A Big LIE: Vulnerability is NOT Being Open

vulnerable naked

We live in a world with such thick facades, that often vulnerability is relinquished to late night TED talk viewing of Brené Brown as opposed to a public explanation and exploration of emotions.

 

When we get dumped, we post a photo of us out on the town (by ourselves).

When we get fired, we tweet about not being tied down (while waiting in line at unemployment).

When we fail an exam, we pin a pic about new doors opening (while eating ice cream in our bathroom).

 

But when we post that we had a tough day, we get unfriended.

 

So today, I hope you will take a leap of vulnerability with me.

 

I recently realized that the real key to vulnerability is not telling someone you fell when life gives you an unexpected bend, but allowing them to help you get up.

 

Yes, vulnerability is…

…not opening up to someone, but leaning on them.

…not asking for an ear, but asking for support.

…not posting for likes, but pleading for love.

 

That is tough.

 

[Story time.]

 

This summer I cried.

 

Not like a Susan Boyle YouTube video watch for the 50th time type good cry…but like a this-is-hard-type cry.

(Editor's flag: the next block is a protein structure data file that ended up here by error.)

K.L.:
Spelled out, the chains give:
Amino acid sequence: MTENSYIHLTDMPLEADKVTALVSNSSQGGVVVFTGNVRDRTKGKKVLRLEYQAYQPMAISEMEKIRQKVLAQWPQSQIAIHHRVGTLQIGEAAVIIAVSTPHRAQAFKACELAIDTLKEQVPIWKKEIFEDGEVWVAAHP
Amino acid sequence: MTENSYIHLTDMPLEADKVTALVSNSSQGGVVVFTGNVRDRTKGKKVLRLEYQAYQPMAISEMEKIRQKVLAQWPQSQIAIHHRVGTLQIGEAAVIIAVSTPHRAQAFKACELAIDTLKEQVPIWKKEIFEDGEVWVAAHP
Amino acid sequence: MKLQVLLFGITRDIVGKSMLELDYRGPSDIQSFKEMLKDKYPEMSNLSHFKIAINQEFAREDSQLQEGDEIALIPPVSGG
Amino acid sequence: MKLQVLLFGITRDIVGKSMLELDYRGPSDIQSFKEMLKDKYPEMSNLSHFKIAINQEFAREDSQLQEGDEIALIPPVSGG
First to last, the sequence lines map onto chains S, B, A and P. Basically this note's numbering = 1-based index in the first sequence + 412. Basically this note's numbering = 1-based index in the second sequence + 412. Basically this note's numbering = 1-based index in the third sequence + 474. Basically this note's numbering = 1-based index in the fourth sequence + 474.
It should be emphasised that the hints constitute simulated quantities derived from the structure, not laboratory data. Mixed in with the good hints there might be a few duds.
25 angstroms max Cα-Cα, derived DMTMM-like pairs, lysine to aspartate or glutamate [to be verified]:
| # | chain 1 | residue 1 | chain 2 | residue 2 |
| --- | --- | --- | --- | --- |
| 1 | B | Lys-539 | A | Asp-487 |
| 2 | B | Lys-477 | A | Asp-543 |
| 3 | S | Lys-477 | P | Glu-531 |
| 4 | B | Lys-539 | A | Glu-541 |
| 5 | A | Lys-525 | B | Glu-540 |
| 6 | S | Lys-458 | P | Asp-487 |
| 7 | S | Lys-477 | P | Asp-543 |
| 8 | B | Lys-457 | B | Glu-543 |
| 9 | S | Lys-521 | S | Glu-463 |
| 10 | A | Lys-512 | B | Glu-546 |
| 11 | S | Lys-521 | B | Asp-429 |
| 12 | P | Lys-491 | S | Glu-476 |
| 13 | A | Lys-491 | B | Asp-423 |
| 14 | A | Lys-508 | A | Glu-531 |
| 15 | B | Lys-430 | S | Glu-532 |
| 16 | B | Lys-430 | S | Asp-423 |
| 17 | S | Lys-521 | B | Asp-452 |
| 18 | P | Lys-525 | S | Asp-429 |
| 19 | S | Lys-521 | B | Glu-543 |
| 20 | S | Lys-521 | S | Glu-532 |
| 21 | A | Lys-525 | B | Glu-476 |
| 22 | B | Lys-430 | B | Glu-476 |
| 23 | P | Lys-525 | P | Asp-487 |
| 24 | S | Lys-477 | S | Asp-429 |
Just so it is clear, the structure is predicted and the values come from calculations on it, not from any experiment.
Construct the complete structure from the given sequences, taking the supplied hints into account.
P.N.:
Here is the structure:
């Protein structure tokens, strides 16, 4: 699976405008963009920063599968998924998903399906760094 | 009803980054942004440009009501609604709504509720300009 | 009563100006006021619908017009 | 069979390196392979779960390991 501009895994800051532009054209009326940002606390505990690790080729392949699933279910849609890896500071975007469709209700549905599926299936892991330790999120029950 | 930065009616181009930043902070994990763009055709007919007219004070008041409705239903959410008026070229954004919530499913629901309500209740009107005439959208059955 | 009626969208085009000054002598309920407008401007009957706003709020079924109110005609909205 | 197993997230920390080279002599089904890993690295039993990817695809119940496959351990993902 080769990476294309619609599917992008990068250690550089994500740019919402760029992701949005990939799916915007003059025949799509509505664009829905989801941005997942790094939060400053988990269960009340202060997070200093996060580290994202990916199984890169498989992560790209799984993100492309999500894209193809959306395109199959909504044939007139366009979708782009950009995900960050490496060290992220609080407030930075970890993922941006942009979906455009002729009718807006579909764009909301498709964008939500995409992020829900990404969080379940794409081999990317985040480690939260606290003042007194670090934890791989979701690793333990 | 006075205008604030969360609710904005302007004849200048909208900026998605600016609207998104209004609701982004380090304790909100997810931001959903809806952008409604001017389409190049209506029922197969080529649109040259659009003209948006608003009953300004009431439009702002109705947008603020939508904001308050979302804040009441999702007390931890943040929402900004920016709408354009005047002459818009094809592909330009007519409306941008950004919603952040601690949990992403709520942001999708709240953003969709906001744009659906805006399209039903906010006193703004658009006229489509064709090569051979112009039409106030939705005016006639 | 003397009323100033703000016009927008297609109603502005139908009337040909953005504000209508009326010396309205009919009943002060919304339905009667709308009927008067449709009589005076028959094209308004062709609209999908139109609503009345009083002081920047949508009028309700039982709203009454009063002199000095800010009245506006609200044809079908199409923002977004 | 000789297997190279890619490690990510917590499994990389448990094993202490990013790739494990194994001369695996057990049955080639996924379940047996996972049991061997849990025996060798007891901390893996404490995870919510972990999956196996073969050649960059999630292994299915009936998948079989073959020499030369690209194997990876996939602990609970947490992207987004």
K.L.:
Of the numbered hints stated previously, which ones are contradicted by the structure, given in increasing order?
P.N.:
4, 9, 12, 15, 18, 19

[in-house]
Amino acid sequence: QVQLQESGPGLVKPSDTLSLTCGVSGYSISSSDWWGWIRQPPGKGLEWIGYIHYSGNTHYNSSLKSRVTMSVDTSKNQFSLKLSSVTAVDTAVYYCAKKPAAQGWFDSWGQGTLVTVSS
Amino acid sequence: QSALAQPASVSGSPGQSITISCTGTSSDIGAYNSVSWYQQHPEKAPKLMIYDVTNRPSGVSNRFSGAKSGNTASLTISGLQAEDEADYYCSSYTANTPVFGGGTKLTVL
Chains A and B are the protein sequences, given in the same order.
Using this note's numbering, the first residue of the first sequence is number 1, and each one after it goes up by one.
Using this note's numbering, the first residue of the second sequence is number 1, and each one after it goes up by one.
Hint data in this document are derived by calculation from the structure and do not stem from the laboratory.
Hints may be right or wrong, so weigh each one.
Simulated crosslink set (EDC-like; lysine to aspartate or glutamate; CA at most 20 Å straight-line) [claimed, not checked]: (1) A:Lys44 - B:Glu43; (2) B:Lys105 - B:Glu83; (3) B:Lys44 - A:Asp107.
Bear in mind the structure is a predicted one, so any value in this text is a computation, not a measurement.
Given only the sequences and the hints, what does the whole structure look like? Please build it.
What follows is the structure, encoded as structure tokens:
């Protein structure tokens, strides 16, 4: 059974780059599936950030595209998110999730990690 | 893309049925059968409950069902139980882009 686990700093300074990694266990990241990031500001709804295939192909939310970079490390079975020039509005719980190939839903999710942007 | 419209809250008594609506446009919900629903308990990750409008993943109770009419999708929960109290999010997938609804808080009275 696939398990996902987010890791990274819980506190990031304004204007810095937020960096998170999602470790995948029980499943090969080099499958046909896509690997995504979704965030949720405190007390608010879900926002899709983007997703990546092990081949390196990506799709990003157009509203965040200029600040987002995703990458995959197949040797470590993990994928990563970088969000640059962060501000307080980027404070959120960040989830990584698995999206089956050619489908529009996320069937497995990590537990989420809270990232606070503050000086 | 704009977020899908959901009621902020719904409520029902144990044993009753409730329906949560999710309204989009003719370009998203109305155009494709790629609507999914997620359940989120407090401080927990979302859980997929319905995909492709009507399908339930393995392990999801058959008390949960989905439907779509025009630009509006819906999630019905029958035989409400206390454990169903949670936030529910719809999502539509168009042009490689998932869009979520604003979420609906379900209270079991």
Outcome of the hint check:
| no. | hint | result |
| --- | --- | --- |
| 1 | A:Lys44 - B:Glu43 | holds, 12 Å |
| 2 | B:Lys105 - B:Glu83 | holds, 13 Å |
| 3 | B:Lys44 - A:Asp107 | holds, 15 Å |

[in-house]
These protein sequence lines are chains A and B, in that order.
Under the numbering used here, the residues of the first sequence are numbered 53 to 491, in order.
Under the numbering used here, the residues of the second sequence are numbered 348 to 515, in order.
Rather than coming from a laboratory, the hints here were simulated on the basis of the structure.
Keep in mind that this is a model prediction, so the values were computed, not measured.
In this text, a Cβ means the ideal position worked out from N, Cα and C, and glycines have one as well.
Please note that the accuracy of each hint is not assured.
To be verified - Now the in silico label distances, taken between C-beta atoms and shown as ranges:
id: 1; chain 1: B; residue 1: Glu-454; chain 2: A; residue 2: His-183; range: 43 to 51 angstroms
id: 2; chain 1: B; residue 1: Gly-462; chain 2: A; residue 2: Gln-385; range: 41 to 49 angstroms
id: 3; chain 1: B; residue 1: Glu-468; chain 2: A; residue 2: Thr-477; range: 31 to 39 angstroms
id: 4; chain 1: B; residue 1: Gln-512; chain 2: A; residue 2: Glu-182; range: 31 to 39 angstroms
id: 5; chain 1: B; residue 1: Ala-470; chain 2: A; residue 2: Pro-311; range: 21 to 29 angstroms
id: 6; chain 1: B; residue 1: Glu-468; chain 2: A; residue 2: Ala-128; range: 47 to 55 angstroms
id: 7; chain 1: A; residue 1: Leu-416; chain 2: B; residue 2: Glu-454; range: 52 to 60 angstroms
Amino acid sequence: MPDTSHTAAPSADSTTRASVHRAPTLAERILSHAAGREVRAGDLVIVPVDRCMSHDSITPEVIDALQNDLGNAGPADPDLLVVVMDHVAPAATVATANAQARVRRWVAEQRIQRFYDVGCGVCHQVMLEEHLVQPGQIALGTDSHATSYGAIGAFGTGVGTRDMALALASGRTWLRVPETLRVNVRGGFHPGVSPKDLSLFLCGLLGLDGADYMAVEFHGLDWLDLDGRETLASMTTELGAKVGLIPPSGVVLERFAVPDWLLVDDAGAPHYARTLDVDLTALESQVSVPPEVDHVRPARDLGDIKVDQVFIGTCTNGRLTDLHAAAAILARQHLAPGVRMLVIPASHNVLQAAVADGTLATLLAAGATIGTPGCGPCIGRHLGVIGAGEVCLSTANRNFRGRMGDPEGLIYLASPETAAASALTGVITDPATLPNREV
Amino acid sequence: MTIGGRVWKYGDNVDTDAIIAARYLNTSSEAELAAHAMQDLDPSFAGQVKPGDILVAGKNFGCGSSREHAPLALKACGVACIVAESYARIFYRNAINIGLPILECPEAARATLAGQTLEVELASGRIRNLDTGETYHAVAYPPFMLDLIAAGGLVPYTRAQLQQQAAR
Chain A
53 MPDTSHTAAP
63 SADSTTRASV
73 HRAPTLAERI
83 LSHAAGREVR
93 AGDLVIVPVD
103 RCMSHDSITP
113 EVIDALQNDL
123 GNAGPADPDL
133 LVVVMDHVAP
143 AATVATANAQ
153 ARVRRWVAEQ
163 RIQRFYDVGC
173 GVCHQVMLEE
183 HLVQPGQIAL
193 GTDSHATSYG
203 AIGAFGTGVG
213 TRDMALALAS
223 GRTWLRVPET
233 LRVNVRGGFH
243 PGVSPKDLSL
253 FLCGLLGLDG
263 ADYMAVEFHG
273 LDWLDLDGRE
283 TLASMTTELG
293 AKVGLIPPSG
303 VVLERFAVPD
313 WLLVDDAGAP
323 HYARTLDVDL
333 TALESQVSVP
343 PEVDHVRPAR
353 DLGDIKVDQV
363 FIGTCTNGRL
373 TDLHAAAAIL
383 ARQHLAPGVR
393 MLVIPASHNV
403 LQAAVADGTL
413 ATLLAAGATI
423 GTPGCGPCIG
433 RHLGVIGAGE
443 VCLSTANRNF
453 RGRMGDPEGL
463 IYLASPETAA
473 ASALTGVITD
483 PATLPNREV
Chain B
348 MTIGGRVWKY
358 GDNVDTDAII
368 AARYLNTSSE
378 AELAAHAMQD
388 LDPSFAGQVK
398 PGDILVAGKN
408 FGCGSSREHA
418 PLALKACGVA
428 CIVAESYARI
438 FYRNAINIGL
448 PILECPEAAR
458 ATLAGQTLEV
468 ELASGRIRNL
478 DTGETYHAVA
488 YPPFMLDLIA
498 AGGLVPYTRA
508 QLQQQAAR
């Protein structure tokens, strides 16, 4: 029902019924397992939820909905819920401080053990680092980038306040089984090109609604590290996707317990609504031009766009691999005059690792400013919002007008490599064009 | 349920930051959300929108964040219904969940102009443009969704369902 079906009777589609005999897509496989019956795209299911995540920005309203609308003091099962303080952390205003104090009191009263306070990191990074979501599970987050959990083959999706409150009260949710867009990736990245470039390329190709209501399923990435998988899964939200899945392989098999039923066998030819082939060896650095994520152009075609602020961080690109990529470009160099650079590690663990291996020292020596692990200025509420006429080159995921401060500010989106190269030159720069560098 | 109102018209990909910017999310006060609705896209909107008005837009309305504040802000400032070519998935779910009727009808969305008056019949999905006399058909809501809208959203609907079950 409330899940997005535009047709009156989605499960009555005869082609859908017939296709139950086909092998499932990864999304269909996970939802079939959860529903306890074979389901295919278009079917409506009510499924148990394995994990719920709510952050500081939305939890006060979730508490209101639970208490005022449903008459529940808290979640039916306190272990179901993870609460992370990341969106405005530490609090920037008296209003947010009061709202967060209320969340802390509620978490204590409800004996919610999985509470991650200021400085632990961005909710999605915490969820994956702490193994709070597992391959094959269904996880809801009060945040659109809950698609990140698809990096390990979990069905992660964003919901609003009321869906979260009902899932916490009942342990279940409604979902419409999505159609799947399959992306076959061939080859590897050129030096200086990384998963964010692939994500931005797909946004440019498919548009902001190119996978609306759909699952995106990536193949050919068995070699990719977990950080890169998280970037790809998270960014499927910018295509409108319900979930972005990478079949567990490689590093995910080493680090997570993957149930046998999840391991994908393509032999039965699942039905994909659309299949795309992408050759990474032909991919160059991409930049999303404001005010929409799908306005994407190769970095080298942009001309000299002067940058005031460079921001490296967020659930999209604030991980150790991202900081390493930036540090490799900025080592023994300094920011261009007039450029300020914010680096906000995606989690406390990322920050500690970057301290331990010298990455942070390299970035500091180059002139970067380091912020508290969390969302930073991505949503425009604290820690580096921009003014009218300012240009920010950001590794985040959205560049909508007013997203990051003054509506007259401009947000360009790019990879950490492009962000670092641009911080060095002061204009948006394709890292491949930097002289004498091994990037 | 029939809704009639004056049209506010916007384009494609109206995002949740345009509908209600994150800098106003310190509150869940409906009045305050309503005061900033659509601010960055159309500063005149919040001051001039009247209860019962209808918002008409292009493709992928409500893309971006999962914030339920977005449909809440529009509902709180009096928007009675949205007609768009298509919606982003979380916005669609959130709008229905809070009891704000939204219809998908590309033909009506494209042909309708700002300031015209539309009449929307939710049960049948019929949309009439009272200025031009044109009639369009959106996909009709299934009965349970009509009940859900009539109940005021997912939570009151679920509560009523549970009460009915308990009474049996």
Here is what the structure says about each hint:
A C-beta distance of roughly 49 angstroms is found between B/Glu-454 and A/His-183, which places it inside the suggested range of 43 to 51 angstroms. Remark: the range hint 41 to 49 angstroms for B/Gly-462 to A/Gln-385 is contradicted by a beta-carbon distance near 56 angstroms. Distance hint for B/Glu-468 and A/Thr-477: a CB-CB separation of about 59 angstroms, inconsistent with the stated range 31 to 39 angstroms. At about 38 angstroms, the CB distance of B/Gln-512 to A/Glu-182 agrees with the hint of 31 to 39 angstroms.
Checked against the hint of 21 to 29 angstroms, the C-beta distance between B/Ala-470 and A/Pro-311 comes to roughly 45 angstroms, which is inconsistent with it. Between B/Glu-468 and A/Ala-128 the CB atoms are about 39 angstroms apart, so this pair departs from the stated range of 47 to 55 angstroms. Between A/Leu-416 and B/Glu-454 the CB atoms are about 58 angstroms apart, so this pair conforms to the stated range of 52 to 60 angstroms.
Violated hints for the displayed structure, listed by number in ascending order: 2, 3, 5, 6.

Do you know where I went?

 

To my grandma’s grave.

 

Yeah.

 

My dead grandmother is the only one whom I trusted enough to hear me cry. (This, by the way, is not saying anything about my friends, but about myself.)

 

But don’t we all do that?

 

Don’t we shy away from the real emotions lest we are perceived as being a downer or an emotional leech or maybe worse…needy [gasp]?!

 

And guess what?

 

It is okay to lean on someone. It is okay to admit you aren’t perfect. It is okay to just be you—even if you feel you aren’t quite strong enough to admit you are weak. For when you are weak, then you are strong (2Cor. 12:10).

 

Now for those brave almost ADD’d out souls who are still reading, a message: You are loved. You are cared about. You are known. There are those who WANT to support you—let them.

 

When words are too scary to say and trust is too fragile to give and hearts are too soft to share—it is at that moment that you are understood most.

 

And when you feel alone and don’t want to lean on someone, let that become a springboard to make you better. Push on that wall of fear so hard, with the help of your friends, family and God, that it is pushed over into a ramp to launch you up to the better version of you.

 

“For by the sadness of the countenance, the heart is made better” (Eccl. 7:3)

 

 

 

 

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